The purpose of the fund, now in its second round, is to help farmers in business less than 10 years. The goal is to improve their farm’s profitability and, as a result, add to the diversification and growth of New York’s agricultural sector, according to a release from the governor’s office.

“Agriculture remains a critical component of the New York’s economy and these grants will help ensure this industry’s continued strength,” Gov. Cuomo had stated. “This funding will support new and emerging agribusinesses as they expand their operations, develop and market high-quality products and generate new growth in their communities.”

Christopher, 13 and Andrew Higby, 11, feed cows on the family farm.

Christopher, 13 and Andrew Higby, 11, feed cows on the family farm.

Empire State Development, in consultation with the New York State Department of Agriculture and Markets, administers the New Farmers Grant Fund. New York State has allocated $1 million in the 2016-17 state budget for the New Farmers Grant Fund to provide grants for up to $50,000 to pay for 50 percent of eligible project costs.

The goal of the program is to help farmers improve profitability through costs associated with expansion of production, farm building construction, equipment purchases and other upgrades that help bolster production.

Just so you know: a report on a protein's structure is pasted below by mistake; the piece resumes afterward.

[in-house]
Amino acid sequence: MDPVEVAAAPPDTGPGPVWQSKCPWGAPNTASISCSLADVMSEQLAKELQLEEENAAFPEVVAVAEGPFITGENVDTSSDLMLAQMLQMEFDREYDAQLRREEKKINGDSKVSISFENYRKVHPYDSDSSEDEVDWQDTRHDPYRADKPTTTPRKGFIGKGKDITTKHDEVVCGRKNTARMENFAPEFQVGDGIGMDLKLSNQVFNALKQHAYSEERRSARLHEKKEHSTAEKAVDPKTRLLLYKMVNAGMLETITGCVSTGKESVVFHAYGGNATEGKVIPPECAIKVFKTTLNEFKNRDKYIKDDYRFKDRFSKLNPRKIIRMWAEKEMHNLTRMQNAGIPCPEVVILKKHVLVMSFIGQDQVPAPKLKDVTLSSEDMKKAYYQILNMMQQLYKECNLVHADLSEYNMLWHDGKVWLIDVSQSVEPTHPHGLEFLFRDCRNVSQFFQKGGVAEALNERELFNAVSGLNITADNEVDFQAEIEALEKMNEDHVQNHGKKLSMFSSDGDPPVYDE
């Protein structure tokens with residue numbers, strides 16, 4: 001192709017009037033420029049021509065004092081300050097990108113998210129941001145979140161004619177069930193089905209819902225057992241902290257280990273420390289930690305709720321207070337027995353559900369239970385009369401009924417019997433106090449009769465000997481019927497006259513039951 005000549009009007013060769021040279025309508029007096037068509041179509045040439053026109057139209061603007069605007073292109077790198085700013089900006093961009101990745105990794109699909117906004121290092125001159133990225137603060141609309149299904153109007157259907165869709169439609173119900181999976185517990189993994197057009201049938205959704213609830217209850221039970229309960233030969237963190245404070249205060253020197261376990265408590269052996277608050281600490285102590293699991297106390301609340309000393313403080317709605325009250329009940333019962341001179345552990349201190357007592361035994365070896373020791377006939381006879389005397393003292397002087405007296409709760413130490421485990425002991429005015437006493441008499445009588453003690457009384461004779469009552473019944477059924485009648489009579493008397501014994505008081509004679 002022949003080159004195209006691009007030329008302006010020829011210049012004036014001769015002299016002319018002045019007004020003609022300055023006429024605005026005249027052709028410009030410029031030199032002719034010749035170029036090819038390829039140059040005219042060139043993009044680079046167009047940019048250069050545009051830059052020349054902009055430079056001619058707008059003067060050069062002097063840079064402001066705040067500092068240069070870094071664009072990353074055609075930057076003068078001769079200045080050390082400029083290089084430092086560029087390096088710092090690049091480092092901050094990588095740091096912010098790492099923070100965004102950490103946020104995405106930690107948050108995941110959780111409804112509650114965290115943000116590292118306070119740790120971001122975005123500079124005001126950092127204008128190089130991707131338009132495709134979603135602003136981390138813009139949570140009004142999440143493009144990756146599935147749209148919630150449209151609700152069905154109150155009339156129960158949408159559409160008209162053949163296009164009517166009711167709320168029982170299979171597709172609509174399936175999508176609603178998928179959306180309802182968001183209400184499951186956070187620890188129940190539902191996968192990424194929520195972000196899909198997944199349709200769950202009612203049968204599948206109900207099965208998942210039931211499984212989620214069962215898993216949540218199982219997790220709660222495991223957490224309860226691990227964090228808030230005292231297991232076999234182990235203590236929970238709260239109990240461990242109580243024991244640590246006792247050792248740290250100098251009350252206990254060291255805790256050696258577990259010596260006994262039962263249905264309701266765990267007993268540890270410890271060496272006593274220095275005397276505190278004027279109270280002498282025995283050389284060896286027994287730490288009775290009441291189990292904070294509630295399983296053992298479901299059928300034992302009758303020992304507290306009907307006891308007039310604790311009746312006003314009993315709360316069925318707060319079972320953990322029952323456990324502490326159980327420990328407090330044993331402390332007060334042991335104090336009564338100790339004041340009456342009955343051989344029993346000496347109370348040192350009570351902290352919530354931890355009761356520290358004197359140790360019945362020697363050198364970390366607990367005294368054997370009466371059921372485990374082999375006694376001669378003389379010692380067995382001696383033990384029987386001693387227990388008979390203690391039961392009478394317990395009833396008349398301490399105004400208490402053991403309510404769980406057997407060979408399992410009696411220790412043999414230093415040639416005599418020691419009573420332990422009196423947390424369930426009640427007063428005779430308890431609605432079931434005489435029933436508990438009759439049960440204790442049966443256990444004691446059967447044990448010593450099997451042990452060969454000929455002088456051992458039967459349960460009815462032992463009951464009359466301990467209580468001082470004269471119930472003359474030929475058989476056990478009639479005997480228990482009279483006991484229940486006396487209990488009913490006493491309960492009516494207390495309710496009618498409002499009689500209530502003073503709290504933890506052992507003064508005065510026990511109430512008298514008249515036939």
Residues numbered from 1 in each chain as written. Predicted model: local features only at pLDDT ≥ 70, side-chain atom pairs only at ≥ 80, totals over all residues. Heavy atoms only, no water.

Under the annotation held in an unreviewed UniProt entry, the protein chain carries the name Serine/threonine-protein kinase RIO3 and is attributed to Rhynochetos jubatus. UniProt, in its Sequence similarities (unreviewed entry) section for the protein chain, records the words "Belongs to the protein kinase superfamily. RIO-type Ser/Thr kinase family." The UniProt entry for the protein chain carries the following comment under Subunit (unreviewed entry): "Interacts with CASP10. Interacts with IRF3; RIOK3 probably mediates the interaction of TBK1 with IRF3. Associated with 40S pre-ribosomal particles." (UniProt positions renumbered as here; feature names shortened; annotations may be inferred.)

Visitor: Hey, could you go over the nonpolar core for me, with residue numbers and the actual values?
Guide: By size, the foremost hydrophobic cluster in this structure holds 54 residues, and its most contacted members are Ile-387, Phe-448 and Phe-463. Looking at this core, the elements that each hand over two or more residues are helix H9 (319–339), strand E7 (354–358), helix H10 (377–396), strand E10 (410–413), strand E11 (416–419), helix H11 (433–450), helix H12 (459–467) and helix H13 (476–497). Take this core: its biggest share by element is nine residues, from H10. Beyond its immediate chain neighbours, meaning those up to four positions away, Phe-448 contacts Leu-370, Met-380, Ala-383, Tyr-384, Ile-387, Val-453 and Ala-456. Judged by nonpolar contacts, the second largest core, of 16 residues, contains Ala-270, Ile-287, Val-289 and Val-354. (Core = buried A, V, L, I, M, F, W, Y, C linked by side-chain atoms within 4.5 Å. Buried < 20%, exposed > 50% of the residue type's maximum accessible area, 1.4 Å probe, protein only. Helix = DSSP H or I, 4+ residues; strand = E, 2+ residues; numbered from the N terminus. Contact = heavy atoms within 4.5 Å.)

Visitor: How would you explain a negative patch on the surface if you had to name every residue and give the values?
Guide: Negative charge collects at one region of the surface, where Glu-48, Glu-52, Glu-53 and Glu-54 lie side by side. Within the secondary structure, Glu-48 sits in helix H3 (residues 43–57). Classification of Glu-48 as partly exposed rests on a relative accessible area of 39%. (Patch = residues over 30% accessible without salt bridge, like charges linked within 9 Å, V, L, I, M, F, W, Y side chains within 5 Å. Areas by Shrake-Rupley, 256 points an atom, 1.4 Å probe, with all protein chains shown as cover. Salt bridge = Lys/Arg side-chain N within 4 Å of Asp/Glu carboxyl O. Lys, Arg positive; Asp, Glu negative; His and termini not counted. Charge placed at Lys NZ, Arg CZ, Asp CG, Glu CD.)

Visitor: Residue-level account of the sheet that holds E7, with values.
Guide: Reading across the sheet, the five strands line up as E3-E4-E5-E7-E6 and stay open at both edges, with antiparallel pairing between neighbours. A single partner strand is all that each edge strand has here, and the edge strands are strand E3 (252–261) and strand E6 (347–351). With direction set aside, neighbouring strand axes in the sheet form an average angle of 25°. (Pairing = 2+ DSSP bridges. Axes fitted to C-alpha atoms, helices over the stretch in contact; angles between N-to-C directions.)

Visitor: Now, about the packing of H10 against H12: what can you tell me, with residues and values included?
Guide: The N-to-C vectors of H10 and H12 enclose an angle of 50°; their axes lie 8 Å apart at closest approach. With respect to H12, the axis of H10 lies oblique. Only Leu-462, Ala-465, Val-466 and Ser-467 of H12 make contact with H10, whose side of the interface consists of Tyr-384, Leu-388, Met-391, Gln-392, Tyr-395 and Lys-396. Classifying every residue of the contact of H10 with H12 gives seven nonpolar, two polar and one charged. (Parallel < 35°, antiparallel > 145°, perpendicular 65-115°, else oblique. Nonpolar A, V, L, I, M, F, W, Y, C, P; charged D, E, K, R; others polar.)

All owners of the farm operation must be in the first 10 years of having an ownership interest in any farm operation, and the farm operation must have a minimum of $10,000 in sales of products grown or raised on the farm, according to Empire State Development.

There were 55 applicants statewide during the most recent funding round, with two north country farms receiving grants.

The Higbys will receive an $18,000 grant, while Jay J. Canzonier, owner of North Branch Farms, Belleville, will receive a $45,000 grant through the program. The awards are matching grants, meaning the state monies will cover 50 percent of the expense, while the farmers must match the other 50 percent with their own money.